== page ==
During the 1950’s and 1960’s, Carlo Abarth’s “Abarth & Co.” was building highly developed and very potent small-bore racing specials and GT cars which were intended primarily to be “magnets” to his lucrative business selling speed equipment and appearance accessories for otherwise rather normal cars from major Italian car manufacturers such as Alfa Romeo, Fiat and Lancia, along with Ferrari, Maserati and others.
The 1000 Biabero first publicly appeared at the 1961 Turin Motor Show. It was built alongside the 700 Biabero which shared the same chassis and engine design. The main difference between the two, aside from engine size, was the use of disc brakes on the 1000.
1961 was a successful season for the 700/1000 coupes, with the latter doing particularly well in the 1000cc class which it won almost every time out. In 1962, 1000 Biabero production continued alongside a new Simca-powered model called the 1300 GT. One of the highlight victories that year came at the 500 kms of the Nurburgring where 14 Abarths were entered and won the event outright. This gave Abarth the 1962 Manufacturers Championship title for Division 1 (up to 1000cc cars). For the rest of the year, Biaberos often won sub-class victories and dominated the Italian Championship sub-classes.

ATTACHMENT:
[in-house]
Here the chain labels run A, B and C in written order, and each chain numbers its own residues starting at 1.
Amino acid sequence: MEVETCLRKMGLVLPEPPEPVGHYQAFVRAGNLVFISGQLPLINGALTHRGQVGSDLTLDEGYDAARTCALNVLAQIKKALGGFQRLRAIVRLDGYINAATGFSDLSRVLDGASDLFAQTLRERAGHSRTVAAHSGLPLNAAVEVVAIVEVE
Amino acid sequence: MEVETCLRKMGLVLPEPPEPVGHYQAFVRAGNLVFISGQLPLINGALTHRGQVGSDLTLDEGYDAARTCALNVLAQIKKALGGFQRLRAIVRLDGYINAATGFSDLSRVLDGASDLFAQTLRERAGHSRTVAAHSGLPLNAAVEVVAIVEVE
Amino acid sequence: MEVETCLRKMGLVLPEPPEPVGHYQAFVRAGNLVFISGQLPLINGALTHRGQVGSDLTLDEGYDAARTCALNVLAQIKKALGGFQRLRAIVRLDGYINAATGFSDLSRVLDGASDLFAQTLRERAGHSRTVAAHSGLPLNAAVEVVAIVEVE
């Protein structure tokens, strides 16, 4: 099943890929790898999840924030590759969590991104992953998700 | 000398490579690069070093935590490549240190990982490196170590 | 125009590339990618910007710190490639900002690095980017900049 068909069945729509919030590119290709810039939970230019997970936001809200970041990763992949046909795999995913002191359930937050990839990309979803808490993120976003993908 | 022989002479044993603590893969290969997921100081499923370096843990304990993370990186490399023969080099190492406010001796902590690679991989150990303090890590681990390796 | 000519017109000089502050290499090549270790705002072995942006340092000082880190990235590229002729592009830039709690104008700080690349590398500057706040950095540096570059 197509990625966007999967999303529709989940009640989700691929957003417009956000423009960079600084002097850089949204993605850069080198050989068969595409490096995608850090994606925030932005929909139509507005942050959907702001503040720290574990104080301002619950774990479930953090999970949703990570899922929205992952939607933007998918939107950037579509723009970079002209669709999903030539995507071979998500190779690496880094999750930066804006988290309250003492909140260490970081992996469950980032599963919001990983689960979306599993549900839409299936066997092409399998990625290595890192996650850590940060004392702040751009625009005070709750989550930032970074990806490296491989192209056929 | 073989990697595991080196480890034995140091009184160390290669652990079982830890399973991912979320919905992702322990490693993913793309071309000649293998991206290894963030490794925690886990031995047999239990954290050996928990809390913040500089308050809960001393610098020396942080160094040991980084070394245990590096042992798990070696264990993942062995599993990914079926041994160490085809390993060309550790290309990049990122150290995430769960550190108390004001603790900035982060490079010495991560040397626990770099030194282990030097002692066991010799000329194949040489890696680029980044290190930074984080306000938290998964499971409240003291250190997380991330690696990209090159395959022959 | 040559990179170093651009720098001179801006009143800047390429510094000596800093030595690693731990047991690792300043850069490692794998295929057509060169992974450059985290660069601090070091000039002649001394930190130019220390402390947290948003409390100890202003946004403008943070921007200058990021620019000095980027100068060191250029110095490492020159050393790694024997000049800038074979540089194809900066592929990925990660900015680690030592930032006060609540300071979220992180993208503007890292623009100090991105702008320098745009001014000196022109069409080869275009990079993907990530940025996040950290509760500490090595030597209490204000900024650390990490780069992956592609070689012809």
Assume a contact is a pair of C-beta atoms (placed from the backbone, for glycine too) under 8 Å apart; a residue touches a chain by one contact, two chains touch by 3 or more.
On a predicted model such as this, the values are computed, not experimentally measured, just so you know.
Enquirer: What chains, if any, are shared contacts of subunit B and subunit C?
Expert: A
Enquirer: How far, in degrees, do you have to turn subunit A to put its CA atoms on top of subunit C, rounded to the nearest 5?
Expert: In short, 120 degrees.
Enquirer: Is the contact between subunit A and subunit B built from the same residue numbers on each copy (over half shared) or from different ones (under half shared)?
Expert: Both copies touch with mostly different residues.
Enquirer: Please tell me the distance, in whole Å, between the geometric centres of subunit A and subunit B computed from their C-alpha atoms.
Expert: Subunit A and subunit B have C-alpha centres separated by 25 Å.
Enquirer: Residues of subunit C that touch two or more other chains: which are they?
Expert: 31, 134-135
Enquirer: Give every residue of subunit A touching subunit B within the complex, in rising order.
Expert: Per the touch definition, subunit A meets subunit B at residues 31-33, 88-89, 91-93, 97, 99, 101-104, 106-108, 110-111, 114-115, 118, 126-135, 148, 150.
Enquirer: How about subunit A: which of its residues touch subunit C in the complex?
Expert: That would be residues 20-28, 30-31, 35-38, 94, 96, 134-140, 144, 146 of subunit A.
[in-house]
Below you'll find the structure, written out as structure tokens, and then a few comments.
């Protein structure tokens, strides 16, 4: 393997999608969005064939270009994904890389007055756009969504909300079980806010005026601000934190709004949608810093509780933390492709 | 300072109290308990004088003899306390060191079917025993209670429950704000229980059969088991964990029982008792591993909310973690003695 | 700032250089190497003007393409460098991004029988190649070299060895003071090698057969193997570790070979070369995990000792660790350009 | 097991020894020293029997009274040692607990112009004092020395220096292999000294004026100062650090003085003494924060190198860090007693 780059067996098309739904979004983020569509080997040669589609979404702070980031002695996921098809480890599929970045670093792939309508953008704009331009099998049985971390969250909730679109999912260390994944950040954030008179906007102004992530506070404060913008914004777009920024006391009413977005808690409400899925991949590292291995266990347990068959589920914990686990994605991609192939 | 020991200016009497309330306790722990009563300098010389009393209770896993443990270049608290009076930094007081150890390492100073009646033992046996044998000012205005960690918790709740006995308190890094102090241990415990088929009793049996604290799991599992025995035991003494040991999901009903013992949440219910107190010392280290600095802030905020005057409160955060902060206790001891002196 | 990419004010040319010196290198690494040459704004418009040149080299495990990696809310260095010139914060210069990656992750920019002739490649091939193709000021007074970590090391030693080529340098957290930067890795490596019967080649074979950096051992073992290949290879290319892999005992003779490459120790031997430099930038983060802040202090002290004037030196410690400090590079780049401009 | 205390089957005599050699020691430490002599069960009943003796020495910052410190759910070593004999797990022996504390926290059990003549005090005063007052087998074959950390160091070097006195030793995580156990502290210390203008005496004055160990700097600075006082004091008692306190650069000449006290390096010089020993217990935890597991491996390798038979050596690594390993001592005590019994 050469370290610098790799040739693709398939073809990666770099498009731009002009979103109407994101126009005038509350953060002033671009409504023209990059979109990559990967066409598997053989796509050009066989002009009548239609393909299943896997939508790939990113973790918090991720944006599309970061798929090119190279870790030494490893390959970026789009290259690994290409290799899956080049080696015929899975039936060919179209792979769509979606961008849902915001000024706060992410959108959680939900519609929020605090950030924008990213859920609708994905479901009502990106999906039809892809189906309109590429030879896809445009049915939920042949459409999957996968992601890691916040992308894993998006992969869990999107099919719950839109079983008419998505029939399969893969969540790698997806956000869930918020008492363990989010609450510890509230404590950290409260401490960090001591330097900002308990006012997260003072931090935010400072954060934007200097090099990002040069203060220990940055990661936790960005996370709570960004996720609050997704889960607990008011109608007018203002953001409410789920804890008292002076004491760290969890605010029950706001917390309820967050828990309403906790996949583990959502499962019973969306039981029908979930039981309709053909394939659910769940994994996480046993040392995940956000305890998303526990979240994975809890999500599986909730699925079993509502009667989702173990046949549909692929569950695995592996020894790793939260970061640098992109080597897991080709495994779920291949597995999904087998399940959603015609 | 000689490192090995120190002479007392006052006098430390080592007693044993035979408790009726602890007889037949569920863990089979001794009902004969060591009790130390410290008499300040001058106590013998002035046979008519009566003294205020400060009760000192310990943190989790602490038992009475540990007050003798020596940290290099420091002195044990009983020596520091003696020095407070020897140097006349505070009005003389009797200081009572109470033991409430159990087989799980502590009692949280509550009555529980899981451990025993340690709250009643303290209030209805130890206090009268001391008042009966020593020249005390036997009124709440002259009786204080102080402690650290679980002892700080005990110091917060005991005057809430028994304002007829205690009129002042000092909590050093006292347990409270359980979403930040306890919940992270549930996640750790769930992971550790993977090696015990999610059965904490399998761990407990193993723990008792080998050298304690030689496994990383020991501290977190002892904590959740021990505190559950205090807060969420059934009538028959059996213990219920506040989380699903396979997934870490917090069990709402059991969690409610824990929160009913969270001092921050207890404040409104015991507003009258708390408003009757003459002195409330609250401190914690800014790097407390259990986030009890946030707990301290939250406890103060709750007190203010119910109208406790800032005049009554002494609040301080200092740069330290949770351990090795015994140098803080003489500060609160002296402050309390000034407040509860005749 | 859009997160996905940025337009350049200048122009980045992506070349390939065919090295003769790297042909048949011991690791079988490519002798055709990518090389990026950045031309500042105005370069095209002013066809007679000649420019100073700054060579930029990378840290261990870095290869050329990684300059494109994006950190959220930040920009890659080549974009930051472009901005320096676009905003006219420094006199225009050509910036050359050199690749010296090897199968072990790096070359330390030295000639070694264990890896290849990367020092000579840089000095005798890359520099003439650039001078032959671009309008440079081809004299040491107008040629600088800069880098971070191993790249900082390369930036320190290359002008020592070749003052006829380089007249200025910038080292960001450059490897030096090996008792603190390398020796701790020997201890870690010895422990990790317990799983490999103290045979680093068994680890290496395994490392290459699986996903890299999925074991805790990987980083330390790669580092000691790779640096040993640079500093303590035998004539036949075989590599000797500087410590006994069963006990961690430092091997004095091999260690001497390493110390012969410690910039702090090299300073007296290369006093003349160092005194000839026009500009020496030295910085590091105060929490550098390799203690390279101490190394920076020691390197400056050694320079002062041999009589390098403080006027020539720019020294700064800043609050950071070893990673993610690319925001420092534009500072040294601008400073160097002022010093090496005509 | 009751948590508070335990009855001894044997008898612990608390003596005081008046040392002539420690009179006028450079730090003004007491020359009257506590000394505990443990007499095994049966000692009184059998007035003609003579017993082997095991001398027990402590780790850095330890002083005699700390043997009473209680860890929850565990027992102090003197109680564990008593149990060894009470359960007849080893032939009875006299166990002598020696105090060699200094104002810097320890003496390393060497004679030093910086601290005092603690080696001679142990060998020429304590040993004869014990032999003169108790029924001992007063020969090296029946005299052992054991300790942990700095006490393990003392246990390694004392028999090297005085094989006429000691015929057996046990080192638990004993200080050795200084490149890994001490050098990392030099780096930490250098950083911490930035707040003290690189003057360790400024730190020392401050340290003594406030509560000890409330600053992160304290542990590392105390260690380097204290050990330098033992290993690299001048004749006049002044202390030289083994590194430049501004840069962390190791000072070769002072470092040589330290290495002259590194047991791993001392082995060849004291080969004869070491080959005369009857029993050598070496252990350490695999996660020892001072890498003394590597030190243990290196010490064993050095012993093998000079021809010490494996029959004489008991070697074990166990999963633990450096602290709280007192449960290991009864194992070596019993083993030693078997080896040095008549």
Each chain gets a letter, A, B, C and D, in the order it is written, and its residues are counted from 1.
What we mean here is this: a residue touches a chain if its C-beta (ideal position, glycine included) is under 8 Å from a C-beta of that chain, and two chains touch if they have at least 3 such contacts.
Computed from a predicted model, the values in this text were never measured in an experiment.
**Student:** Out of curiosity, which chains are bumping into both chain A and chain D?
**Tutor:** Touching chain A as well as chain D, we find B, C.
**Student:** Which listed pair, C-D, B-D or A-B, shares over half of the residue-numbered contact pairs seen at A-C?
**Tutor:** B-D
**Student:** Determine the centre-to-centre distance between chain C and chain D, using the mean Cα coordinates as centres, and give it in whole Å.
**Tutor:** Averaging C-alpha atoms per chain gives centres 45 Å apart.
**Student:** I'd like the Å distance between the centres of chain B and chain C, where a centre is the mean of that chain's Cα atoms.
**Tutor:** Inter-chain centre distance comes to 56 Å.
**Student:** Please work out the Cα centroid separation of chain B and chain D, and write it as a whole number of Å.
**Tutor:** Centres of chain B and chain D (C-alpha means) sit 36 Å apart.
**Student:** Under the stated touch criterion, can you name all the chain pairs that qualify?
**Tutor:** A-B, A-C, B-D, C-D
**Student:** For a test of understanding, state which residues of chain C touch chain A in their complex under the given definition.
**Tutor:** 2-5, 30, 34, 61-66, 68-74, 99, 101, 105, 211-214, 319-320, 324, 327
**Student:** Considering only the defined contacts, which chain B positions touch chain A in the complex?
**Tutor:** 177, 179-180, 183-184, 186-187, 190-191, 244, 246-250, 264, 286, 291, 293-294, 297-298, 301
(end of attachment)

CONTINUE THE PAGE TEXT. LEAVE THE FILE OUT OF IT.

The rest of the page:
The success of the Biabero in 1962 motivated Abarth to improve the model for 1963. Most of the changes were made to the shape of the body which was extended at the engine hood to improve stability, and along with a new Collotti five speed transaxle, top speed was now 210 kph. These improvements helped Abarth again secure the Division 1 Championship.